Transcription

Current Assessmentof the State ofProstitutionRecognize, Understand,and Fight sexual exploitation3rd edition

Fondation Scelles Author: Catherine GoldmannTranslation: Liv GudmundsonOriginally published asL’Exploitation de la prostitution : un fléau mondial3ème trimestre 2011

sommairea widespread commoditization of the bodyInternational prostitution: human traffickingFrom Bangkok to Paris, minors who are victims of sexual exploitationNew methods: from prostitution for survival to tradep.4p.6p.8p.9business and organized crime p.15Criminal networks and prostitutionp.16Organized crime at the heart of the States:money laundering and corruption of government officialsp.18State complicity?p.20Prostitution violence p.23Violence of prostitutionp.23Prostitution is violencep.25The broken ones: prostitution destroysp.26What public politics exist for prostitution?International institutions face prostitution: the ideological battleAbolitionism and its ambiguitiesWhen Laws Fail: Prostitution Cannot be a Profession Like Any OtherA new way: the neo-abolitionist model of SwedenShould the client be penalized?p.29p.29p.31p.33p.36p.38The Challenges of Our Fight p.40la Fondation SCELLES p.43History of the Fondation Scelles p.44Who are we? p.45Le CRIDES p.46Fondation Publications P.47To learn more P.49A Guide to Various Associations P.51Our 4 websites P.53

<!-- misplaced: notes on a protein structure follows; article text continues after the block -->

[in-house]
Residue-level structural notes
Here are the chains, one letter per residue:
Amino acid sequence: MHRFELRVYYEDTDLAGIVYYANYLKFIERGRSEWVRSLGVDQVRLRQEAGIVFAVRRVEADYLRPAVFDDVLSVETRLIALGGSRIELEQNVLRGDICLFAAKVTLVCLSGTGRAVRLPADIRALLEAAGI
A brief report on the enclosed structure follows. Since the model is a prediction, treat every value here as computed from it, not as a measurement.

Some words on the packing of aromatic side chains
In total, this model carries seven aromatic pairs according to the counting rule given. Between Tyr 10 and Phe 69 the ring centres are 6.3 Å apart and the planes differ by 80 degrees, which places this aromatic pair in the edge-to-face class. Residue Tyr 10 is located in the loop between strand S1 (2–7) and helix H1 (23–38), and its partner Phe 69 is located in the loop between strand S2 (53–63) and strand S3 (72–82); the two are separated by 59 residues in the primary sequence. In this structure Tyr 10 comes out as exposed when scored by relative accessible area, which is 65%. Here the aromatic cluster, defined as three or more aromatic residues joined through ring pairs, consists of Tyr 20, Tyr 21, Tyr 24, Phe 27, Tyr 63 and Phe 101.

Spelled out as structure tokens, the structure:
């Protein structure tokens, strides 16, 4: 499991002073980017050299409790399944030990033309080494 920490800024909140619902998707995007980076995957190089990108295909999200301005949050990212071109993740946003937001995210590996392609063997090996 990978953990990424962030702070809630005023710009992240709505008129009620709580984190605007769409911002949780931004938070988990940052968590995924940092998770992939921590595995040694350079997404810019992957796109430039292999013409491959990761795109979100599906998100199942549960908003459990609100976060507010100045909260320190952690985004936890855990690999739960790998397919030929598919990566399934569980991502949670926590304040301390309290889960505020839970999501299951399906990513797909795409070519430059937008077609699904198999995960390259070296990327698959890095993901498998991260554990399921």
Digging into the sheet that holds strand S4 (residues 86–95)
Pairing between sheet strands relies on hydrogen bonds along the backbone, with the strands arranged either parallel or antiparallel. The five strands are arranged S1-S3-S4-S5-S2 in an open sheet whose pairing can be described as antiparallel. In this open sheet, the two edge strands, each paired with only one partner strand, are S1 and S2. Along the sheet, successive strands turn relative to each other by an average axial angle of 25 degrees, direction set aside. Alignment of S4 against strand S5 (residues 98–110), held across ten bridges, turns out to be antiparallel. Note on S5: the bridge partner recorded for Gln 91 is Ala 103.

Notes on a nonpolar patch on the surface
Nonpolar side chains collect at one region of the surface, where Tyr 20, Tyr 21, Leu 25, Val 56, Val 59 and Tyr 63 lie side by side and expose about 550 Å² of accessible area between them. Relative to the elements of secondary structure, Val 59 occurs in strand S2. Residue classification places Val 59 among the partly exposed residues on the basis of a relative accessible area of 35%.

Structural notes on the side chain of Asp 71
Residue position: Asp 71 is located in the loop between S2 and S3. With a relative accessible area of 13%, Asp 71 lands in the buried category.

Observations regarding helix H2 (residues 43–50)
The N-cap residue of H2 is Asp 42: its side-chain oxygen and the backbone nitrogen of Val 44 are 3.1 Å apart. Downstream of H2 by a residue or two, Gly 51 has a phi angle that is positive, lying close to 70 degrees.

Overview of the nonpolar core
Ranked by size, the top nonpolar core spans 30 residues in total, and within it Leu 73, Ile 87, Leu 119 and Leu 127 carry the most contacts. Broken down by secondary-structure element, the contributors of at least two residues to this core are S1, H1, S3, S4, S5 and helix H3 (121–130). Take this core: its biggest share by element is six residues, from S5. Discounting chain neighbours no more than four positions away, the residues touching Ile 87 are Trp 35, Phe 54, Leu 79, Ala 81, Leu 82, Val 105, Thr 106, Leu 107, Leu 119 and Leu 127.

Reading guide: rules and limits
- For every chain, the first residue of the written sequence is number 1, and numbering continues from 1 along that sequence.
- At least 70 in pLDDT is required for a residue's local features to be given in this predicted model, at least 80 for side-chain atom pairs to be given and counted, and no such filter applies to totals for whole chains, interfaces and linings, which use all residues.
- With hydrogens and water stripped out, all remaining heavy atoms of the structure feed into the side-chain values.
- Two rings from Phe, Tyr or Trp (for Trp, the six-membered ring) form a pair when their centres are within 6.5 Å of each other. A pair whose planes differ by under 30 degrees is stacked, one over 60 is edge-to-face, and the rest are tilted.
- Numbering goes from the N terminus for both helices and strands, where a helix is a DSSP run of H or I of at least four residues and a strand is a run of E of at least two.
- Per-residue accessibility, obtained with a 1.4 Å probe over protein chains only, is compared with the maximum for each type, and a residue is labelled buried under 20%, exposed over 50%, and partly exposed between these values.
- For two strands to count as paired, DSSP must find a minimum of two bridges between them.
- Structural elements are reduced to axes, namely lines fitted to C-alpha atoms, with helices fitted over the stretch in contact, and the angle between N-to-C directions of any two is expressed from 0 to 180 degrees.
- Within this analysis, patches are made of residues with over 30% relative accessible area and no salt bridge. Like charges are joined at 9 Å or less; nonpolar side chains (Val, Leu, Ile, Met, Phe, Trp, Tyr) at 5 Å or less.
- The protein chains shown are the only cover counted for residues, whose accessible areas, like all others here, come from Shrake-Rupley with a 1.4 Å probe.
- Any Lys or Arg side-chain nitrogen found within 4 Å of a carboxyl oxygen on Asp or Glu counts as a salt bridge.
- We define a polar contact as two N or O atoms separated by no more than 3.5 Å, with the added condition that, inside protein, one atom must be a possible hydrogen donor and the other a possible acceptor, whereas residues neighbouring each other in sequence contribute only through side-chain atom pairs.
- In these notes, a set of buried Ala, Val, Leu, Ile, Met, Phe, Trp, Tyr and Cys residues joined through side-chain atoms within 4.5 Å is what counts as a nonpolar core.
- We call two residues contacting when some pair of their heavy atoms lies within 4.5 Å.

A WidespreadCommoditization of the BodyE., UkraineE. is 20 years old andlives in an Ukrainianvillage. She has noformal training. Nothingin particular is keepingher in the village, or inthe Ukraine. Herday-to-day life isdifficult.She seriously considersleaving. Without askinganyone for advice, sheresponds to a wantedad for a job in a foreigncountry. Followingher response, she isimmediately recruited.She quickly leaves theUkraine in a car witha man she does notknow.For nearly thirty years, we have witnessed a widespread increase inprostitution around the world. We hear of women coming from EasternEurope to prostitute themselves on the streets of our cities; we hear ofstudents selling their bodies or who auction off their virginity to pay forschool fees; we hear of all the young girls prostituting themselves totourists in bars in Thailand. Today the bodies of women, children, and nowmore often of men, are becoming commodities sold on the internet, inpeep-shows, or in brothels - in Bangkok as well as in Paris and London.This is an alarming development supported by political disruptions, theopening of borders, the impoverishment of some and the enrichment ofothers, the trivialization of pornographic images, and the internet boom.Some will say that the phenomenon is far from new. While this is true,however, with the help of globalization, sexual commerce has achievedan industrial and global dimension that is becoming more and moreworrisome. Today, the commoditization of the body appears to be theFONDATION SCELLESCurrent Assessment of the State of Prostitution4